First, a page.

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Great Lakes Commission awards green infrastructure grants to five Great Lakes communities

Sep 25, 2017 | News and Announcements

Ann Arbor, Mich. – The Great Lakes Commission (GLC) has awarded five small grants to promote green infrastructure in communities across the binational Great Lakes region. The grants will help bring resources and expertise to small and medium-sized communities that have not yet tried or have struggled to advance green infrastructure (known as Low Impact Development or LID on the Canadian side of the basin), a cost-effective approach to water management that restores or mimics the natural water cycle. This story map provides more information on green infrastructure and the grant recipients.

Each grant recipient will be paired with a mentor who has successfully implemented green infrastructure in their community. Both the mini-grant program and mentoring network are part of the Great Lakes Green Infrastructure Champions Pilot Program, which aims to catalyze the adoption of green infrastructure practices and policies across the Great Lakes basin by providing mid-sized municipalities with resources they frequently lack. The mentoring network is not limited to grantees – any Great Lakes community with a population under 500,000 can apply to join at www.glc.org/work/champions/network.

“We are excited that these grants will help communities adopt green infrastructure and connect with peers across the basin who can offer guidance,” said Victoria Pebbles, GLC Program Director. “For example, a west Michigan nonprofit will mentor our Indiana recipient, and Credit Valley Conservation based in Mississauga, Ontario will serve as a mentor for the LID project in London, Ontario.”

Robert Fleming, GLC Associate Commissioner and Assistant Deputy Minister of Ontario’s Ministry of the Environment and Climate Change, noted the importance of improved stormwater management across the basin, “These measures not only help prevent flooding, but they also help improve water quality in urbanized landscapes by avoiding nutrient runoff into sewer systems and lakes. Innovative stormwater management solutions are a key component in Ontario’s commitment to restore the health of the Great Lakes.”

  • In Ohio, the Chagrin River Watershed Partners will receive $12,000 USD to review local ordinances in two municipalities to identify barriers to green infrastructure and ways to overcome them.
  • In Indiana, the Sanitary District of Michigan City will receive $12,000 USD to adapt an existing Rainwater Rewards stormwater calculator and apply it to calculate the costs and benefits of green infrastructure and associated ecosystem services specific to Michigan City.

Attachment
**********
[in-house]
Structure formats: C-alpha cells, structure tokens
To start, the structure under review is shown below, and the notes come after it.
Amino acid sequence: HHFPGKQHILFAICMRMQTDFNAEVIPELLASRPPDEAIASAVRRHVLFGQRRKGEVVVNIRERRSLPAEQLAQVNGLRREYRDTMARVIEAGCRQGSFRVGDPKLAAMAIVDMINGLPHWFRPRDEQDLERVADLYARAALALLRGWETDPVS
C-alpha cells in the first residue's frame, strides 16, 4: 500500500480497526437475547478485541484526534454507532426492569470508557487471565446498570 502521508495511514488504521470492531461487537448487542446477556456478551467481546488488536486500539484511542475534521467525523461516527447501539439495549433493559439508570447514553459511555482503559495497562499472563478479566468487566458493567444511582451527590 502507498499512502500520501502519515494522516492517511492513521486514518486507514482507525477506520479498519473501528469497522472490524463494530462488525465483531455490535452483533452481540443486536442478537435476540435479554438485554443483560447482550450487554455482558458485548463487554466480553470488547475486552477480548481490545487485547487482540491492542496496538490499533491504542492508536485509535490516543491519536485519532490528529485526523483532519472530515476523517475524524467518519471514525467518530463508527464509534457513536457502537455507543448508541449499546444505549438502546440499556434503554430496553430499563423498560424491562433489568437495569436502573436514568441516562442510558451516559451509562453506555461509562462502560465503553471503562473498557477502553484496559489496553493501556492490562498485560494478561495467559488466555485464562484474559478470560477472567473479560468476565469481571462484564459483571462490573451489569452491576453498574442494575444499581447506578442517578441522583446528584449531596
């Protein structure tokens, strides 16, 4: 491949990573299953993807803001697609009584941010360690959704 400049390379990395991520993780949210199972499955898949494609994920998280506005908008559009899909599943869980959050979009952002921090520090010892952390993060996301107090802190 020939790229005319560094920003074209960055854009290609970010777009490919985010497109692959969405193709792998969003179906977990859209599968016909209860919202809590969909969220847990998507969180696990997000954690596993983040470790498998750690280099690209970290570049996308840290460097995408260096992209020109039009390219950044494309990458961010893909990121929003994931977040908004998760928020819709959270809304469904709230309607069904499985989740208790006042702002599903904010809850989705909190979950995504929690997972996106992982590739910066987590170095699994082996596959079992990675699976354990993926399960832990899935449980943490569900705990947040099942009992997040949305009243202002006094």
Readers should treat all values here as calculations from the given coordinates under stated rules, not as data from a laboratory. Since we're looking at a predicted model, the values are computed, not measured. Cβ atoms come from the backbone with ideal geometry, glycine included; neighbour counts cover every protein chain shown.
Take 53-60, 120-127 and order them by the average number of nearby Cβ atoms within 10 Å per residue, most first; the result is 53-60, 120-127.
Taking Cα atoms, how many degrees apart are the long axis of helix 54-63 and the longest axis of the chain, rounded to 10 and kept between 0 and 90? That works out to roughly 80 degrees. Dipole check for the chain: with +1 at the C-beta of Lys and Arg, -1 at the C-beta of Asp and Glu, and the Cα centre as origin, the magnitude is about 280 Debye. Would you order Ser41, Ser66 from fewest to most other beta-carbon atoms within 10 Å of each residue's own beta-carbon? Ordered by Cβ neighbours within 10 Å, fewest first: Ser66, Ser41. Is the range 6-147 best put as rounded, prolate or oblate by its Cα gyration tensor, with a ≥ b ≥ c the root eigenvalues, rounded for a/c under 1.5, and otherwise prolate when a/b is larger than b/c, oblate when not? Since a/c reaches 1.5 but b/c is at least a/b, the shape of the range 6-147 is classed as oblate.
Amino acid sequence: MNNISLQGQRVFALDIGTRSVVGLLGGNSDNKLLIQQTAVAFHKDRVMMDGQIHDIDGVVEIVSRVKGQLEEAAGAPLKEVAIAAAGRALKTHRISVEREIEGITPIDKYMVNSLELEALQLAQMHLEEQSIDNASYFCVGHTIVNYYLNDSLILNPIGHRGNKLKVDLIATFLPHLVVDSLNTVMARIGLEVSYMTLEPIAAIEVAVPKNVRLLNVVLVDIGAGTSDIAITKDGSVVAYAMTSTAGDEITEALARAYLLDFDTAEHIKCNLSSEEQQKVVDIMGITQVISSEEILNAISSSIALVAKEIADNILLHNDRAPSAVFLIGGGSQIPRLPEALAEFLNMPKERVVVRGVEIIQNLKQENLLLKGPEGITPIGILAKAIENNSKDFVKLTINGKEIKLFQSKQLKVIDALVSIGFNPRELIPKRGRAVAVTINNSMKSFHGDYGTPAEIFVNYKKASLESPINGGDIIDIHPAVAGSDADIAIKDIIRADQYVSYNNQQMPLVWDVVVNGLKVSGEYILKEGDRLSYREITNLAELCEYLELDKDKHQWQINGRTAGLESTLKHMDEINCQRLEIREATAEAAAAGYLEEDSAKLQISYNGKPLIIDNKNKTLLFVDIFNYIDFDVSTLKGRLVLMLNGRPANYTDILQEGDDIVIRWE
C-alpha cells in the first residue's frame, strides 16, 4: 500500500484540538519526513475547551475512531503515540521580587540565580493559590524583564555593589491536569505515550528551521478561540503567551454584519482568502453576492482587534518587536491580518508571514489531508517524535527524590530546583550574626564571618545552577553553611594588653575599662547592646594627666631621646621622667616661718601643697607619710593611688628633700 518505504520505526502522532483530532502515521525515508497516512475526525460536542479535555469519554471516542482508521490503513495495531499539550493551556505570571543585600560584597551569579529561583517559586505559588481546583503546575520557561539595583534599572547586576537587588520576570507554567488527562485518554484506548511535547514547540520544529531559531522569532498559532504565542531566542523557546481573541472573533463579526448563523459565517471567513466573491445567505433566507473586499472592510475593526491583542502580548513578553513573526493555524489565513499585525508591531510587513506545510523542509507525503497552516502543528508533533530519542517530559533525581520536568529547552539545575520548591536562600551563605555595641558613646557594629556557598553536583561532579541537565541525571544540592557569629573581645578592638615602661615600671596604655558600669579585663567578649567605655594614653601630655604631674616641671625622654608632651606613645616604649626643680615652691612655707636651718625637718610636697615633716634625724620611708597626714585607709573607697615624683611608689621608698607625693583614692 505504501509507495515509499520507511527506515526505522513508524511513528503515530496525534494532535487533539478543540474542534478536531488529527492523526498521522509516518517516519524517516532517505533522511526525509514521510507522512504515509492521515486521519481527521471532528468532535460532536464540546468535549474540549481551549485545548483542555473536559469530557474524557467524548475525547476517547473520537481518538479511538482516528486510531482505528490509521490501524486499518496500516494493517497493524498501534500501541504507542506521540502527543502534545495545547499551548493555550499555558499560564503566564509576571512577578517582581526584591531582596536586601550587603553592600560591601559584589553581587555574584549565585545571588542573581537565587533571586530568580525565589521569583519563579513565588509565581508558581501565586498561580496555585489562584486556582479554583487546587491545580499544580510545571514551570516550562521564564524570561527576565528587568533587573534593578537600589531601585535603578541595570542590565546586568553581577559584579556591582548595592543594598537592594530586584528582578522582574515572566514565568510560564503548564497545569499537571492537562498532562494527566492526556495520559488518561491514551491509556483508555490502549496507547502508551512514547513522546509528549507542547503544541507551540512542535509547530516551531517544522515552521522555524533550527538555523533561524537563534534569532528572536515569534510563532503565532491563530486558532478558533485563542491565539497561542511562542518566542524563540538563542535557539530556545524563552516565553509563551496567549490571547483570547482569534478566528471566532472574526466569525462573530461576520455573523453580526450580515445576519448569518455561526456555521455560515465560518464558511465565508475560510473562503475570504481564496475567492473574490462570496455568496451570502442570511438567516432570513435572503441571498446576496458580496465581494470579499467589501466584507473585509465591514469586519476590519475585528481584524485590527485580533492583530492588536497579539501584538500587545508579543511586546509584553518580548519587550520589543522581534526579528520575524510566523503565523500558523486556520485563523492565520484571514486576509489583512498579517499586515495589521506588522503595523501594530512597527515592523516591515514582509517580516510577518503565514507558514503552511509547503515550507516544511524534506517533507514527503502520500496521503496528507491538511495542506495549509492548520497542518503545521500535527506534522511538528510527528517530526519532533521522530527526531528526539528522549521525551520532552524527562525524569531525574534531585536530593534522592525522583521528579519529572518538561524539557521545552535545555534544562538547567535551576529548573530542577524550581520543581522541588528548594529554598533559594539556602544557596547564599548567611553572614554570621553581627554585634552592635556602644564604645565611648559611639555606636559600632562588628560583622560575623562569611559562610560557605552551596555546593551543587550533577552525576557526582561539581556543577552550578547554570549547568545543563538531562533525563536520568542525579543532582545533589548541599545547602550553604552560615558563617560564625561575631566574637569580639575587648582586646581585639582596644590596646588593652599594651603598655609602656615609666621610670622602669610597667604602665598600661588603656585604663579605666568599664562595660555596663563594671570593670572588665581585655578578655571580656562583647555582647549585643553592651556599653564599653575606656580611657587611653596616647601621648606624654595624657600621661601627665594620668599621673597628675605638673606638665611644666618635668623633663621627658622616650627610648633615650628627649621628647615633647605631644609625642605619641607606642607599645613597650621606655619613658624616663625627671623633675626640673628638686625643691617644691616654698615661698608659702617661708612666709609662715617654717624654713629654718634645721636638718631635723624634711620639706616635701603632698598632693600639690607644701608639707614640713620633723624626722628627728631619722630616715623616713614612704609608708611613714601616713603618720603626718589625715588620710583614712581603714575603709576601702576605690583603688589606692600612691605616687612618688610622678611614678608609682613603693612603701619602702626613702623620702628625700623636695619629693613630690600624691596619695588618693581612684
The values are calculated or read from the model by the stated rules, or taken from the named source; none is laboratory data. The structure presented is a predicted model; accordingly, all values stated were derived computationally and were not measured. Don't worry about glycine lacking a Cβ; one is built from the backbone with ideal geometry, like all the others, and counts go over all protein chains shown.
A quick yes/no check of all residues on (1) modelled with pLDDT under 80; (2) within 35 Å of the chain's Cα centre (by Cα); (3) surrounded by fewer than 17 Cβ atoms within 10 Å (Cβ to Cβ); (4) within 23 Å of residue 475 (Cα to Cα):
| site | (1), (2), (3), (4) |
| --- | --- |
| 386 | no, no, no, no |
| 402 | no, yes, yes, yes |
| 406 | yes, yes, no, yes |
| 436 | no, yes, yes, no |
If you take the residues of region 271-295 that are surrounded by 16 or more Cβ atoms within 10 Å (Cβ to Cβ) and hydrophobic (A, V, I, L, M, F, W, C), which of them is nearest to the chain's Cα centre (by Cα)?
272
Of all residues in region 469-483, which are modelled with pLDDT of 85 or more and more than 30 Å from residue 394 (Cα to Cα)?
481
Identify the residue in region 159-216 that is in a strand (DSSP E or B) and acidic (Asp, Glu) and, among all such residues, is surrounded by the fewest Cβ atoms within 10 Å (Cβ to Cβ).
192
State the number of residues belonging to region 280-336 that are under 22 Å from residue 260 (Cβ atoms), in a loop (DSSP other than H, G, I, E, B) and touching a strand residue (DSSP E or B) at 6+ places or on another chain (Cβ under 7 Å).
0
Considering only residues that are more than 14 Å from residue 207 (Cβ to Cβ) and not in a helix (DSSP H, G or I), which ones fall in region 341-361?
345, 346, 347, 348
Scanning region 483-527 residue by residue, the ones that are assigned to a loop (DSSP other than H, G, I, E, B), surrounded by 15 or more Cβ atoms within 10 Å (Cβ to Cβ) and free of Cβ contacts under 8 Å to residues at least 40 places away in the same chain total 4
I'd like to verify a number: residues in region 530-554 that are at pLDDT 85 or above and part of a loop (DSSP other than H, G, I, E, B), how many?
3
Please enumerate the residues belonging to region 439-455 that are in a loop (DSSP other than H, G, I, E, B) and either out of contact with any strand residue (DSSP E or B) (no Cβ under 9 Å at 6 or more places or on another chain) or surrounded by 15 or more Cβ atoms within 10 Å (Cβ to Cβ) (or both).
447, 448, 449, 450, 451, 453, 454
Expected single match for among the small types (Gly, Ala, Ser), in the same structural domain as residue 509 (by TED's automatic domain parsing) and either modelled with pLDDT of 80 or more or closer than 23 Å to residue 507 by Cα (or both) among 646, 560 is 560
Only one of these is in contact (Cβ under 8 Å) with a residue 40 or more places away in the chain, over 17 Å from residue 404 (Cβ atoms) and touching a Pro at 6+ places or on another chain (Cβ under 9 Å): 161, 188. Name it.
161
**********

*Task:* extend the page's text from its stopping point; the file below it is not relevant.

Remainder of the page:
• In Wisconsin, the City of Oshkosh will receive $15,000 USD to install a prairie treatment system as a pilot demonstration in a community center. The pilot will address an important technology barrier:  the overwhelming reliance one or two technologies (e.g., ponds and bioswales) to address stormwater issues.
  • In Michigan, the City of Dearborn will receive $6,000 USD to establish a cost share program that reimburses residents half the cost of for removing hard landscaping and replacing it with rain gardens and rain barrels. Single-family residential is the largest zoning area in Dearborn.
  • The Upper Thames River Conservation Authority will receive $15,000 USD to install rain gardens and a bioswale at two schools in London, Ontario. The pilot installations will also be used for educational purposes at the schools.

The Green Infrastructure Champions Pilot Program is supported with funding from the Fred A. and Barbara M. Erb Family Foundation. The pilot program, including the mentoring network, will continue through August 2018.  For more information, visit www.glc.org/work/champions.


The Great Lakes Commission, led by chairman John Linc Stine, commissioner of the Minnesota Pollution Control Agency, is an interstate compact agency established under state and U.S. federal law and dedicated to promoting a strong economy, healthy environment and high quality of life for the Great Lakes-St. Lawrence region and its residents. The Commission consists of governors’ appointees, state legislators, and agency officials from its eight member states. Associate membership for Ontario and Québec was established through the signing of a “Declaration of Partnership.” The Commission maintains a formal Observer program involving U.S. and Canadian federal agencies, tribal authorities, binational agencies and other regional interests. The Commission offices are located in Ann Arbor, Michigan. Learn more at www.glc.org.

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For questions or media inquiries, please contact Beth Wanamaker, beth@glc.org.

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